Kenyans won both the men's and women's competition in the New York City Marathon Sunday. Thirty-five thousand runners and millions of spectators took part in the annual race.
Margaret Okayo from Kenya set a new record Sunday for completing the New York City Marathon. She finished the race in two hours, 22 minutes, 31 seconds. Her new record is almost two minutes faster than the previous best she set two years ago.
Martin Lel from Kenya won the men's competition, crossing the line in two hours, ten minutes and 30 seconds.
Mayor Michael Bloomberg, on hand to give the awards to the winners, said New York's marathon is a reflection of the country's spirit. "Thirty-five thousand runners from 88 different countries, 12 thousand volunteers, two million plus people who stood on the sidelines and cheered, while we have problems around the world and our young men and women are trying to defend democracy, you see why we're doing it right here, in a city where everybody gets along," he said.
Professional and amateur runners of all ages come out for the marathon each year. They run through all five boroughs of New York City and cross the finish line in Central Park.
Carolyn Brady was among those in the crowd to cheer the runners on. She has fond memories of last year, when she participated in the marathon. "It was a dream come true because I am born in New York City, and that was something I always looked forward to doing," she said.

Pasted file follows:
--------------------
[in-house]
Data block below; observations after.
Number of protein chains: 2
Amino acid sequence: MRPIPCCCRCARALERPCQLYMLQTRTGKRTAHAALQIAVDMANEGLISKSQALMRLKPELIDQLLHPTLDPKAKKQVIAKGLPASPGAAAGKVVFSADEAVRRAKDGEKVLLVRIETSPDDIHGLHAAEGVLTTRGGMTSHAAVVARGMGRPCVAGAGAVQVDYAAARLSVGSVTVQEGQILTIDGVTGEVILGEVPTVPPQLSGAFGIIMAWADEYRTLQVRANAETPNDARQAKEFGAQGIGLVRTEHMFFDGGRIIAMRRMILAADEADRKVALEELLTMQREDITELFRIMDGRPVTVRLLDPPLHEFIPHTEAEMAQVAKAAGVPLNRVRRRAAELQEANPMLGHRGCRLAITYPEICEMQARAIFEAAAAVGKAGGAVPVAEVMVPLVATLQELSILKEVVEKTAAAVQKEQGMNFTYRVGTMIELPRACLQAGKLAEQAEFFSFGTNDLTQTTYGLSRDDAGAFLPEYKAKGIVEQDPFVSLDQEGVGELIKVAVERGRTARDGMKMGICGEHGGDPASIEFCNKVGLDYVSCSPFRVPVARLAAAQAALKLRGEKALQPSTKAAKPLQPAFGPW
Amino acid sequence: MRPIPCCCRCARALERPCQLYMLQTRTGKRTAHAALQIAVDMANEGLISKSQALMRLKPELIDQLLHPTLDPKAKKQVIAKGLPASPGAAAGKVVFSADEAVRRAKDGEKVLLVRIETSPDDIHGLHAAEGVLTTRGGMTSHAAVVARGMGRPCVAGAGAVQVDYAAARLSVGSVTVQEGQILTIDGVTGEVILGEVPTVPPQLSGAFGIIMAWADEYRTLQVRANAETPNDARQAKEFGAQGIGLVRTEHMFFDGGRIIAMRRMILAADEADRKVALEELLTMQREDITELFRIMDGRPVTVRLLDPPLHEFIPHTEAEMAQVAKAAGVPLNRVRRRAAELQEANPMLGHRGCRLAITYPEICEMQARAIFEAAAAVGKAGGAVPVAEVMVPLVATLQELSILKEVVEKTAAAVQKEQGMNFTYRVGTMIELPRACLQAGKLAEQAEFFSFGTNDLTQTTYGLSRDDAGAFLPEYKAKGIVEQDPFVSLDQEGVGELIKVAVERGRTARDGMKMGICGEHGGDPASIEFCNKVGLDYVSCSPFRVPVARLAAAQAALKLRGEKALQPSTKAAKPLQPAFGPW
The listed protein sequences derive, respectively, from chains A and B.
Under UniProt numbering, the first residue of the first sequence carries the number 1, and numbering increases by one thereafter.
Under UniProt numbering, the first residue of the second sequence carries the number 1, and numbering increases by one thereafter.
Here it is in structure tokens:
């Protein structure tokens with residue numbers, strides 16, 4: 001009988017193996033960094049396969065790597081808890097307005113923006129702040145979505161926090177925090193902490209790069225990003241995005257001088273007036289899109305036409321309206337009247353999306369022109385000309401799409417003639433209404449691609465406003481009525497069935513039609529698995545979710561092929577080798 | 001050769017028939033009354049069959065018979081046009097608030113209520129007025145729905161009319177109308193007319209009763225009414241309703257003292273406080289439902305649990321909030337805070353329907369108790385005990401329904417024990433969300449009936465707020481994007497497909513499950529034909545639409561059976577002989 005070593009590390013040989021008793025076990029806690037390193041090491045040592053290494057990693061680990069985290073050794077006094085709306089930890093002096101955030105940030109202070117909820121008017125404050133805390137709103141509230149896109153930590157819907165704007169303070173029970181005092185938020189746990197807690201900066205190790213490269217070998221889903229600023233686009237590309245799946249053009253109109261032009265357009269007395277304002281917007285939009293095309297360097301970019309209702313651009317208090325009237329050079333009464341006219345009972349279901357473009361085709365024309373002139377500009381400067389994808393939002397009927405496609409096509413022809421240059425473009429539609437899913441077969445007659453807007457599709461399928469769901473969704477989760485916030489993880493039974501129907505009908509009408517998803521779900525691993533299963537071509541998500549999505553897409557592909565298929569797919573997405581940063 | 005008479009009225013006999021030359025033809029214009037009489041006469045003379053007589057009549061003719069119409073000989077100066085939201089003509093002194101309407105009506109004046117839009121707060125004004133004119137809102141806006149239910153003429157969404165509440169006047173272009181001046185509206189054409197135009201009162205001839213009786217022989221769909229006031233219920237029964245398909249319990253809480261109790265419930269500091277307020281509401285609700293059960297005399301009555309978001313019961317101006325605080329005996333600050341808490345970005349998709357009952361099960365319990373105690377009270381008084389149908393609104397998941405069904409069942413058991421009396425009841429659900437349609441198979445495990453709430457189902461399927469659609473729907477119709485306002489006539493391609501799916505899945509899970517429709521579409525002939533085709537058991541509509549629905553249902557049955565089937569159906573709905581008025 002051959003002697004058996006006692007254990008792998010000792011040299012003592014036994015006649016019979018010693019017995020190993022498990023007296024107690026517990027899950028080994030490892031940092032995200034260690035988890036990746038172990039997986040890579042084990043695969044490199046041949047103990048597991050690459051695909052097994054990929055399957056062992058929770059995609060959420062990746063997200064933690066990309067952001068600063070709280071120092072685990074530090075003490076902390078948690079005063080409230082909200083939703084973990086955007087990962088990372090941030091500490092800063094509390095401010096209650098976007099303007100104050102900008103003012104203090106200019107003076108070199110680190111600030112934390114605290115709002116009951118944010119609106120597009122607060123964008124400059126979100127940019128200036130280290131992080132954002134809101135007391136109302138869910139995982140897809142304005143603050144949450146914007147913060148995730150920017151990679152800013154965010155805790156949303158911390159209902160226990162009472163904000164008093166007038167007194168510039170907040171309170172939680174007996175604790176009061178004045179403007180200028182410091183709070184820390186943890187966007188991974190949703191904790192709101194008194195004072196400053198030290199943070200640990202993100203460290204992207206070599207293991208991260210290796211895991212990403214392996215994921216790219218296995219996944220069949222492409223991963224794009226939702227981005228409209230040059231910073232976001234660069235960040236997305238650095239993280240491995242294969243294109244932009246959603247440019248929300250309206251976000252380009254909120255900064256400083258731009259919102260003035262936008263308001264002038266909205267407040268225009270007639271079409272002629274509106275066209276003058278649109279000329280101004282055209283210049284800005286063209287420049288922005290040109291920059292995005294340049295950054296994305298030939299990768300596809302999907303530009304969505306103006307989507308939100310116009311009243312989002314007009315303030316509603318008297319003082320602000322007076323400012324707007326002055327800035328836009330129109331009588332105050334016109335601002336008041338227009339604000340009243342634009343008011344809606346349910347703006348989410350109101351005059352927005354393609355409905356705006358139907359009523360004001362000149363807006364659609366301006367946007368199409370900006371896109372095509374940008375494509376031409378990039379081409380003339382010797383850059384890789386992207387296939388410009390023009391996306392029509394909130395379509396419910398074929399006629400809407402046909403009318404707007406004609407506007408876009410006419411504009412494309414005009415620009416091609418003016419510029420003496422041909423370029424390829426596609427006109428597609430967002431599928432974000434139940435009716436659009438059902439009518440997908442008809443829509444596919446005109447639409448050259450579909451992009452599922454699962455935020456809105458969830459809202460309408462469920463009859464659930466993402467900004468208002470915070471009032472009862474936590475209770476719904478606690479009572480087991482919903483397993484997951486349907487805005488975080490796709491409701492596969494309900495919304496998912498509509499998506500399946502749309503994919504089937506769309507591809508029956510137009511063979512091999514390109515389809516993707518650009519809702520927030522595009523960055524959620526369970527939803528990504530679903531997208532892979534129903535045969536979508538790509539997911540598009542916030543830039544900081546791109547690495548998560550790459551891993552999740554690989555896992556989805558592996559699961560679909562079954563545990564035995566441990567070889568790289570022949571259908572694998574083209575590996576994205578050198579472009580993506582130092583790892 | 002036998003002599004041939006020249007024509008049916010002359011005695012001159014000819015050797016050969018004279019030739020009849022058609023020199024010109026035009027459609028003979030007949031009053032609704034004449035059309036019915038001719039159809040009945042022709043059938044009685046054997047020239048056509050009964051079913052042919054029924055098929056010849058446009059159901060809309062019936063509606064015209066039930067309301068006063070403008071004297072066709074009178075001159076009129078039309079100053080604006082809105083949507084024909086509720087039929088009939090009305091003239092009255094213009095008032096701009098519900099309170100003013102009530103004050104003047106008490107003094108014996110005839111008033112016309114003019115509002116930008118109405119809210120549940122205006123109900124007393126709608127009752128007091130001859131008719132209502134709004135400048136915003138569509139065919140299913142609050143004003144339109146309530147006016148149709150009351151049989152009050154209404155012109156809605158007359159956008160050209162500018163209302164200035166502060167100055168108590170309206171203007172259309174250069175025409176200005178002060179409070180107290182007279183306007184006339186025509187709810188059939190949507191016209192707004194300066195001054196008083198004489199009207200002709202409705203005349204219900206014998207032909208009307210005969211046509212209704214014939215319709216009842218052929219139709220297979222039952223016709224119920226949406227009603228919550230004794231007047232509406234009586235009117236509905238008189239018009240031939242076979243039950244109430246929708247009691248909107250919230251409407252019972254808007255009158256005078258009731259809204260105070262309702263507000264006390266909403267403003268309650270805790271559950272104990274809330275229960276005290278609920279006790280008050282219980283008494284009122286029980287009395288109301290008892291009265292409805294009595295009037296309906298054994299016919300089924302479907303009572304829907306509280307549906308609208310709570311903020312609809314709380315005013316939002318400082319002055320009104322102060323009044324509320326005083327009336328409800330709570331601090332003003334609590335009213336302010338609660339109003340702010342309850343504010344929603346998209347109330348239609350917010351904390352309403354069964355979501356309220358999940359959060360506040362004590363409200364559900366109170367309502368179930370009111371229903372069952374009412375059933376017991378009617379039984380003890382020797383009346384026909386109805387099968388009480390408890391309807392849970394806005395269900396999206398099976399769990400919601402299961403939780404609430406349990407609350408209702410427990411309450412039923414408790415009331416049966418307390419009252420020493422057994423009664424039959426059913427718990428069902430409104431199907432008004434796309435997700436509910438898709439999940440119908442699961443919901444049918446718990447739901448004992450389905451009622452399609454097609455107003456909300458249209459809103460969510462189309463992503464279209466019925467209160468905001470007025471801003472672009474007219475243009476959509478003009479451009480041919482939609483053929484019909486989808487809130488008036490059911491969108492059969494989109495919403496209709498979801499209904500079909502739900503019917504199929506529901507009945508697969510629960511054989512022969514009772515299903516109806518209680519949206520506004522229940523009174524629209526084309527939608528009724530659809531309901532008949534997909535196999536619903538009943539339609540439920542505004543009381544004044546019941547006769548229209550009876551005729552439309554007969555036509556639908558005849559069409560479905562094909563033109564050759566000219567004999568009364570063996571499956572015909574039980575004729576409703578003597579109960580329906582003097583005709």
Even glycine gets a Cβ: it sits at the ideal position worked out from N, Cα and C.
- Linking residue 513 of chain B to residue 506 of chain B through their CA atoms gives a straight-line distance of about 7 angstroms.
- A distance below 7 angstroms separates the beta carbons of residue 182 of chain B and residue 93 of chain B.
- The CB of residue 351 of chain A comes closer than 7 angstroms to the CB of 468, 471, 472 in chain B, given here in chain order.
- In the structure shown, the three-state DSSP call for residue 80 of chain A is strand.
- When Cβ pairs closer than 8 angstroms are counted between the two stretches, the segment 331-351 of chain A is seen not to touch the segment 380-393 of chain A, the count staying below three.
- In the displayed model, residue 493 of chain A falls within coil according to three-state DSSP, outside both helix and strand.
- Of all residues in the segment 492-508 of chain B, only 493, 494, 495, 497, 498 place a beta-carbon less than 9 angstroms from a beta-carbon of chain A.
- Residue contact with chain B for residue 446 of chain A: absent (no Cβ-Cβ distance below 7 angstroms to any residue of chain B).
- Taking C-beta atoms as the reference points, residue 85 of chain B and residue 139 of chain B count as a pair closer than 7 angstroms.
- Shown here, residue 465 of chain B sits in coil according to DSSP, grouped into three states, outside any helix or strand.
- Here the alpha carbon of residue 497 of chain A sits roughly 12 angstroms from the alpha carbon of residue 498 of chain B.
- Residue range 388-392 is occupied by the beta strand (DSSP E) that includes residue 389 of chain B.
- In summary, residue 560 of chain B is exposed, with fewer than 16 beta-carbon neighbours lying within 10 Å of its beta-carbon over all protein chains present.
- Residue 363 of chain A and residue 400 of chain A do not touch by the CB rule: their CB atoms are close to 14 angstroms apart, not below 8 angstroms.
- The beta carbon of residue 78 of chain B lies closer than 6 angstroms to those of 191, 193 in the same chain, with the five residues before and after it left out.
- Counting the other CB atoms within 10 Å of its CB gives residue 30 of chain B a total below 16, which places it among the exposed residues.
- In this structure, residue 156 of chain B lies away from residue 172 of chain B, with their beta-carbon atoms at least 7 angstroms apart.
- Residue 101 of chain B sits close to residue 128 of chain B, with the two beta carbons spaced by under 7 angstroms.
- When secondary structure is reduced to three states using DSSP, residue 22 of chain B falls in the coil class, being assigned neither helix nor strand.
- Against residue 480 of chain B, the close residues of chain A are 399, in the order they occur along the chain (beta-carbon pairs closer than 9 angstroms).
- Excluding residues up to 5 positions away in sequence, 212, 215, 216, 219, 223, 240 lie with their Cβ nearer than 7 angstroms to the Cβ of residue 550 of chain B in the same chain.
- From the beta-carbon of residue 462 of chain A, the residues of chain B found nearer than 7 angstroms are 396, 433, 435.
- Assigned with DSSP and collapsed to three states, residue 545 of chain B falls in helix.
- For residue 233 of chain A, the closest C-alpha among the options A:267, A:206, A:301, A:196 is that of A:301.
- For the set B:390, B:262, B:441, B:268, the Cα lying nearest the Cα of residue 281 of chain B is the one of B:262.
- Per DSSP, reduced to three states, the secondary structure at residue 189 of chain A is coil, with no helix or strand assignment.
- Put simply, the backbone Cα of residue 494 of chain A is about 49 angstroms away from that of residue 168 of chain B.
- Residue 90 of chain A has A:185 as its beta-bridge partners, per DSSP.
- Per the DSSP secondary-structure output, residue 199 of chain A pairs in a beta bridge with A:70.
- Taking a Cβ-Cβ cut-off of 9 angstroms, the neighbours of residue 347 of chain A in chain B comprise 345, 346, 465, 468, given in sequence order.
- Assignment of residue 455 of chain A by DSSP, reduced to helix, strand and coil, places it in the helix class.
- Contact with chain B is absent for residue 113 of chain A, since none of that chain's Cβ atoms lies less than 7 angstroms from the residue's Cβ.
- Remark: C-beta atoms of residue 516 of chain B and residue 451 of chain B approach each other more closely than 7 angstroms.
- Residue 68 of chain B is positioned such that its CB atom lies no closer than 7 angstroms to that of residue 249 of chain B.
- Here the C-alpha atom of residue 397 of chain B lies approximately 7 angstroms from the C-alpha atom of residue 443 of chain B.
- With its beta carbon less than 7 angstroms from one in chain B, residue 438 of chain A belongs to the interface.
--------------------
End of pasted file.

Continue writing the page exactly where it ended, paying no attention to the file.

People come out to the marathon for many reasons. Andrew Bergman was there to cheer on his doctor, who was running to raise money for a local cancer treatment center. "We're supporting him because he's a great neighbor and a good friend and he's running to support Sloan Kettering Cancer Hospital. And I'm a cancer survivor also. He was my doctor," he said.
The winners of the marathon take home one hundred thousand dollars each. This year, much media attention was paid to rap artist Sean "P. Diddy" Combs, a celebrity who was running his first marathon. But most of the runners are in it for personal victories. Molly McCullum, running her first marathon, said the masses of people gave her energy. "All the people, all the people watching and cheering us on, it's great. It's awesome," she said.
The first New York City marathon took place in 1970. About 1,000 people ran in it. Marathon officials say a record 73,000 people applied for a spot in the marathon this year, but there was only room for half that number.